After over a month of meetings, preparations, trials, and tribulations, the volunteers poured into the Contois Auditorium, and heard the words of the speakers brought in to relate Dr. King’s legacy of public service to the chance we all had to volunteer that day for a worthy cause. Subsequent to the speakers stimulating speech, the volunteers voraciously vowed to be a vehicle of service at one of the many projects we had arranged. I led a group of over 20 mothers, fathers, children, and highschoolers two blocks down to the King Street Youth Center to engage in a cleaning project. We are quite busy here at King St, and so the kitchen and play rooms can get really messy. I have never seen a group of strangers have such a good time cleaning up after chil (Continued on Page 6)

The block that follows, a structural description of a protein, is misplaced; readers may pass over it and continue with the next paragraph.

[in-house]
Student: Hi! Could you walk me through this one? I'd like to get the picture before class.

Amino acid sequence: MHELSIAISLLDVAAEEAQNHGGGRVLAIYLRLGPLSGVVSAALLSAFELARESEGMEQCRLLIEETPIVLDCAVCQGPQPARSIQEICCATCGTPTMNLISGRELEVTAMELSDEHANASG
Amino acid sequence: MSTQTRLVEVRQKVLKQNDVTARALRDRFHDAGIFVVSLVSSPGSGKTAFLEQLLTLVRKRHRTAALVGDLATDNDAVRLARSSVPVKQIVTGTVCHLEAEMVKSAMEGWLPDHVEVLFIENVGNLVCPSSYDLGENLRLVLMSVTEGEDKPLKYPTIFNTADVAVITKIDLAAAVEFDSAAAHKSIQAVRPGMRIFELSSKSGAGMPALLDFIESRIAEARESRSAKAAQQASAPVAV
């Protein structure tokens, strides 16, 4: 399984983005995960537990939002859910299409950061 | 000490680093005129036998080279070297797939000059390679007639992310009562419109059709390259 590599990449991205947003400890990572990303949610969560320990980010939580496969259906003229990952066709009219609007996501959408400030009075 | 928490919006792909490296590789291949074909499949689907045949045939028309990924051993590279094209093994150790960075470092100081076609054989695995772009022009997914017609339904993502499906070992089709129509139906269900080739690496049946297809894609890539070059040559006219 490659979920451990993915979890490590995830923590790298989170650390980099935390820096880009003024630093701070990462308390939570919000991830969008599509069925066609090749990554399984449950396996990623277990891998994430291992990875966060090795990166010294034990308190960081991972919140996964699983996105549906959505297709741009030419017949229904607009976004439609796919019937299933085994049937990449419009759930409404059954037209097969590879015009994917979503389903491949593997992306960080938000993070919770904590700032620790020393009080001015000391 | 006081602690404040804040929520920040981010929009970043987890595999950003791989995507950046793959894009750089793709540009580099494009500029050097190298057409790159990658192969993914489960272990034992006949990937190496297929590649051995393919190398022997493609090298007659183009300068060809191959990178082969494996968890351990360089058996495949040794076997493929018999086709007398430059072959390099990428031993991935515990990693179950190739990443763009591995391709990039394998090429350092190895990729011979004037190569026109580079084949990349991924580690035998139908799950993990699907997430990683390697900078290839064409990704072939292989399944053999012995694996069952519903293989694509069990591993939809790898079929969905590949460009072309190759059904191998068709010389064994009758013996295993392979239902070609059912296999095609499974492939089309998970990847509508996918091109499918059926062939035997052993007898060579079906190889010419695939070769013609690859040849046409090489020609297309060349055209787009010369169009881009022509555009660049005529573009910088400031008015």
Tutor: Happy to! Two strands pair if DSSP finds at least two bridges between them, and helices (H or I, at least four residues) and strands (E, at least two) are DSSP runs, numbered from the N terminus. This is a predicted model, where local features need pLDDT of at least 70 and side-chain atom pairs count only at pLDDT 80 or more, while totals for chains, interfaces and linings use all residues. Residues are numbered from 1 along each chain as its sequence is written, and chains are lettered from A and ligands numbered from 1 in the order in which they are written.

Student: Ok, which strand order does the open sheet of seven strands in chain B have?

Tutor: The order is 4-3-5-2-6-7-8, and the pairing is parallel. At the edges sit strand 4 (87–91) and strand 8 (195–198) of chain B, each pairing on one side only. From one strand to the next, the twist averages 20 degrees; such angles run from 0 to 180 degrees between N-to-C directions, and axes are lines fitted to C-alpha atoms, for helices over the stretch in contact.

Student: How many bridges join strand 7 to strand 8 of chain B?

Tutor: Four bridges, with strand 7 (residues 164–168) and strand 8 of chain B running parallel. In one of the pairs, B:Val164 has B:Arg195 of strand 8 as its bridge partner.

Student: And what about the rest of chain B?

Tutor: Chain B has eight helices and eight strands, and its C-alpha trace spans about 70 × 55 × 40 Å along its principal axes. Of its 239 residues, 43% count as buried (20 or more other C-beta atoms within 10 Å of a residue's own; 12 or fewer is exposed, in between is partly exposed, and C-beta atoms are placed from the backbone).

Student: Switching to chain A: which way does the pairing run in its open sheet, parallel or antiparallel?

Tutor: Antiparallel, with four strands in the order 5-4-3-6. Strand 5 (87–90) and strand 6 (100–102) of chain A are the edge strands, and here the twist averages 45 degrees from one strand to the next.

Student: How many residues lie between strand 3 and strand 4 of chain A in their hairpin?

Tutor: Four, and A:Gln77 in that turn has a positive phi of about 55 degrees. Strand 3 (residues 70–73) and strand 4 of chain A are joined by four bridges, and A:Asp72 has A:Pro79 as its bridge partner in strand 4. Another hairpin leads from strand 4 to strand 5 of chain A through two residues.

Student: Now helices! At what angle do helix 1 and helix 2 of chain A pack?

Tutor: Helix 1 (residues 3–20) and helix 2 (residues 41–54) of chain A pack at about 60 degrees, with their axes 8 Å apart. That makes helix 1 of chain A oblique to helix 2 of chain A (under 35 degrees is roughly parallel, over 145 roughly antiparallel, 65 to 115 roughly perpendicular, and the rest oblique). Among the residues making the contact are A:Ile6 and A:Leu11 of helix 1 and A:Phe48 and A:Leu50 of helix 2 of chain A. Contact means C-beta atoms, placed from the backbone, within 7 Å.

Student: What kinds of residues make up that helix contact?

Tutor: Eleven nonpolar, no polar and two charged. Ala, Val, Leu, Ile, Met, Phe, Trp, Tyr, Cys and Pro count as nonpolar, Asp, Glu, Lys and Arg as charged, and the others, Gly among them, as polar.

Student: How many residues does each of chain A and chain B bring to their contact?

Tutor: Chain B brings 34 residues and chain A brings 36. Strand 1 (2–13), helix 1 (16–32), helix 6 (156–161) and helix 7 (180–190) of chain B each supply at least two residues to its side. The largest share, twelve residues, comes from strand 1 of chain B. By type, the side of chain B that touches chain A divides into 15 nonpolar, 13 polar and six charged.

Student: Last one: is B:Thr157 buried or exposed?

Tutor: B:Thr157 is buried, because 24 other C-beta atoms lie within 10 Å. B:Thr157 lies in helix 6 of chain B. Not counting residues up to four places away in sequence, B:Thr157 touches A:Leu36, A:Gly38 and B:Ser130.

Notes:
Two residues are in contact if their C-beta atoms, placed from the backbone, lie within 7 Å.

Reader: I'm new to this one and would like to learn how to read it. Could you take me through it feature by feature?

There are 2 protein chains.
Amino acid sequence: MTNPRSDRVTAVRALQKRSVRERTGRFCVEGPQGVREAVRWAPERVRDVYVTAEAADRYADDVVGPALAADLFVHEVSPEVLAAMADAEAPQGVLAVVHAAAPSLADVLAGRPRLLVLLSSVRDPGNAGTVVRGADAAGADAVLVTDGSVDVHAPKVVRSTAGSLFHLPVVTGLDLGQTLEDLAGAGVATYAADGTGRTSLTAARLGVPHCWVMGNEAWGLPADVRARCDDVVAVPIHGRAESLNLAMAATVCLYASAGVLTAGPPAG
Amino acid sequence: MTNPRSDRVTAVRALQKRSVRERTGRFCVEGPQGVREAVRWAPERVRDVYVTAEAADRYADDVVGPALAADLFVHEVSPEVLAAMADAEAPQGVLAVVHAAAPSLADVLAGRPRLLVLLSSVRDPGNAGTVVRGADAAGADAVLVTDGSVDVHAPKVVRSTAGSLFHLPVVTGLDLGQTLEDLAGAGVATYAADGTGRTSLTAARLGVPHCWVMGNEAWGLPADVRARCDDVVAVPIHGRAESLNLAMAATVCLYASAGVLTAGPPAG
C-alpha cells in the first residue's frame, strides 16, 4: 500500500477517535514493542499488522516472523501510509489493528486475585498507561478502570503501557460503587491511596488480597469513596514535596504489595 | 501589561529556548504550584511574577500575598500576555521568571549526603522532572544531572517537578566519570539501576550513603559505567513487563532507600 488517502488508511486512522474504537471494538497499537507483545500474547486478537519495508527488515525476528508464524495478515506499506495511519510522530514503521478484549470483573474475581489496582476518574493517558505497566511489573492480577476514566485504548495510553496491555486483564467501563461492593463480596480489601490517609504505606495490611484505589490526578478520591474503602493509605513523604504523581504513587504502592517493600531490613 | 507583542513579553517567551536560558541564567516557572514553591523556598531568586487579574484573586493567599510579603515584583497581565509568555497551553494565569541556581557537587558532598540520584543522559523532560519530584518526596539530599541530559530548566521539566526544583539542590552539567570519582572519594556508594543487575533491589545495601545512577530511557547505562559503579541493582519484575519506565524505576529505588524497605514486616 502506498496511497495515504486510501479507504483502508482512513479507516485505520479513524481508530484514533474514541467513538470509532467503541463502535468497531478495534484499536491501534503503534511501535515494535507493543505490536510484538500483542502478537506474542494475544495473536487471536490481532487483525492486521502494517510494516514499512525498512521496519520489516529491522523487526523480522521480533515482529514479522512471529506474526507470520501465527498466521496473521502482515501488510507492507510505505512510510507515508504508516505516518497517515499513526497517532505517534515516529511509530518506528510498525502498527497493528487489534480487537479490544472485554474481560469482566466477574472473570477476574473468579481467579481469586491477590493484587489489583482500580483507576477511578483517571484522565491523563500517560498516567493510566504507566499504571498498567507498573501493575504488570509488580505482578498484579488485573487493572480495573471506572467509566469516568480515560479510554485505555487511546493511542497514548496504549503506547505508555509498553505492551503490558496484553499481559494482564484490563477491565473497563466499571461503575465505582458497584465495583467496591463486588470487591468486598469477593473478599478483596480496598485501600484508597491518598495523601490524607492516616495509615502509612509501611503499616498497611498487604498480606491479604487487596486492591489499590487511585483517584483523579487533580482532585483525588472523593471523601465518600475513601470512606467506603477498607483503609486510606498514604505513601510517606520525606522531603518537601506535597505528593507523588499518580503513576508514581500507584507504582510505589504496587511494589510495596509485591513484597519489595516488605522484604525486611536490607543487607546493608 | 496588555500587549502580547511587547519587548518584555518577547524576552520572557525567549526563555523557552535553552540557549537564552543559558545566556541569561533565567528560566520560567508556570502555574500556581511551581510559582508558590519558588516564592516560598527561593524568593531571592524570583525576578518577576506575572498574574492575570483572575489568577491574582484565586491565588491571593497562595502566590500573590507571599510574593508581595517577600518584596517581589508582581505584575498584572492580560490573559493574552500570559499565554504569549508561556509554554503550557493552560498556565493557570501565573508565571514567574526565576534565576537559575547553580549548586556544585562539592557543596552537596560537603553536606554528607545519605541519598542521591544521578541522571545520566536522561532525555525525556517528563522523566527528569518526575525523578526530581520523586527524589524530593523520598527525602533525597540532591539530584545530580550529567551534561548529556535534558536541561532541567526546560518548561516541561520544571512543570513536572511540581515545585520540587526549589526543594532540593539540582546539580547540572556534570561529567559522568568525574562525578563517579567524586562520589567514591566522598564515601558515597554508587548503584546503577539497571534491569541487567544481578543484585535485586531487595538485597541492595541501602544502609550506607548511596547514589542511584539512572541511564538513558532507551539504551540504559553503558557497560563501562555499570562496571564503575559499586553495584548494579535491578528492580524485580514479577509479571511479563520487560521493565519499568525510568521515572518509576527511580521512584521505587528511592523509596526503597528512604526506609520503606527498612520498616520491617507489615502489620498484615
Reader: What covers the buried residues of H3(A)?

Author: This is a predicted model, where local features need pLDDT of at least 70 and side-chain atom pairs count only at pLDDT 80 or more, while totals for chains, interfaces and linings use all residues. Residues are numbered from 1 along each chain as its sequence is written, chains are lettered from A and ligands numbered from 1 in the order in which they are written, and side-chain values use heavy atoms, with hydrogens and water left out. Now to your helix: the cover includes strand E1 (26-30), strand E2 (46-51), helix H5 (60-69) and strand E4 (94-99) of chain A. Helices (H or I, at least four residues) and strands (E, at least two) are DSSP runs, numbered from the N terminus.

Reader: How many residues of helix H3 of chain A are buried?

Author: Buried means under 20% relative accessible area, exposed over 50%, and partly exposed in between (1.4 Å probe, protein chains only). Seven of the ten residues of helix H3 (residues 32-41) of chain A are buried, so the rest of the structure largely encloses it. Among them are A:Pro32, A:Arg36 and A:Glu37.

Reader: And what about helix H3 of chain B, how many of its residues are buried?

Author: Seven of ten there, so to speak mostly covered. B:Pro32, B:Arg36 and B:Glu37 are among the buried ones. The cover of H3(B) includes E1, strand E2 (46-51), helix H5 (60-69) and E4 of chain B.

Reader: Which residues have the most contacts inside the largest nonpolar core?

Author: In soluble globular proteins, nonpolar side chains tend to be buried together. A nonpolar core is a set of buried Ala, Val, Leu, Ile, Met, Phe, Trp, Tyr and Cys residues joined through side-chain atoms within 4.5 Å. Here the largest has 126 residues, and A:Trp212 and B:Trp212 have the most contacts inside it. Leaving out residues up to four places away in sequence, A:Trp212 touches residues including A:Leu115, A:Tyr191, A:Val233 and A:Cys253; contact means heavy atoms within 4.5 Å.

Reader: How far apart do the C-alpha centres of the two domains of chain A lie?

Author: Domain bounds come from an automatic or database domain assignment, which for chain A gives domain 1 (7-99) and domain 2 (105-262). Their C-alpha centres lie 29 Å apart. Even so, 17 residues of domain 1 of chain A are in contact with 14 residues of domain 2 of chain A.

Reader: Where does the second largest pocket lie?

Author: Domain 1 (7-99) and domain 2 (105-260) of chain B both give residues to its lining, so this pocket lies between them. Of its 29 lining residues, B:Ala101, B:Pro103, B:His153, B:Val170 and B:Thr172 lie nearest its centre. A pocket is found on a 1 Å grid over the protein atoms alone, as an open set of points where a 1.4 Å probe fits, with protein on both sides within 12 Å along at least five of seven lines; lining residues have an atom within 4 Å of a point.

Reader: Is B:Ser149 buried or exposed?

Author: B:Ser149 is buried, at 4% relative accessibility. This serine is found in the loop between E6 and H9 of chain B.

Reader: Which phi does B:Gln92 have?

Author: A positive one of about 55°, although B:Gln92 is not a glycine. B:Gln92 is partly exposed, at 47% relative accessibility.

dren, maintaining a positive attitude throughout. I put on some music and distributed rags and disinfectant and we all went to town on every nook and cranny in that kitchen and art room. The place had never looked so clean, and when the staff arrived the next day after their holiday they had a less cluttered and sparkling clean establishment to work in. We even got to know each other a little during the cleaning and stayed for a while after every-
thing was spic and span for a cup of coffee. After we were done we all marched back to the Contois Auditorium to enjoy our hard earned delicious dinner of flatbread, lasagna, and salad, then we got down to some music. Regardless of how helpful or important the service projects were, the day was a great success in that many people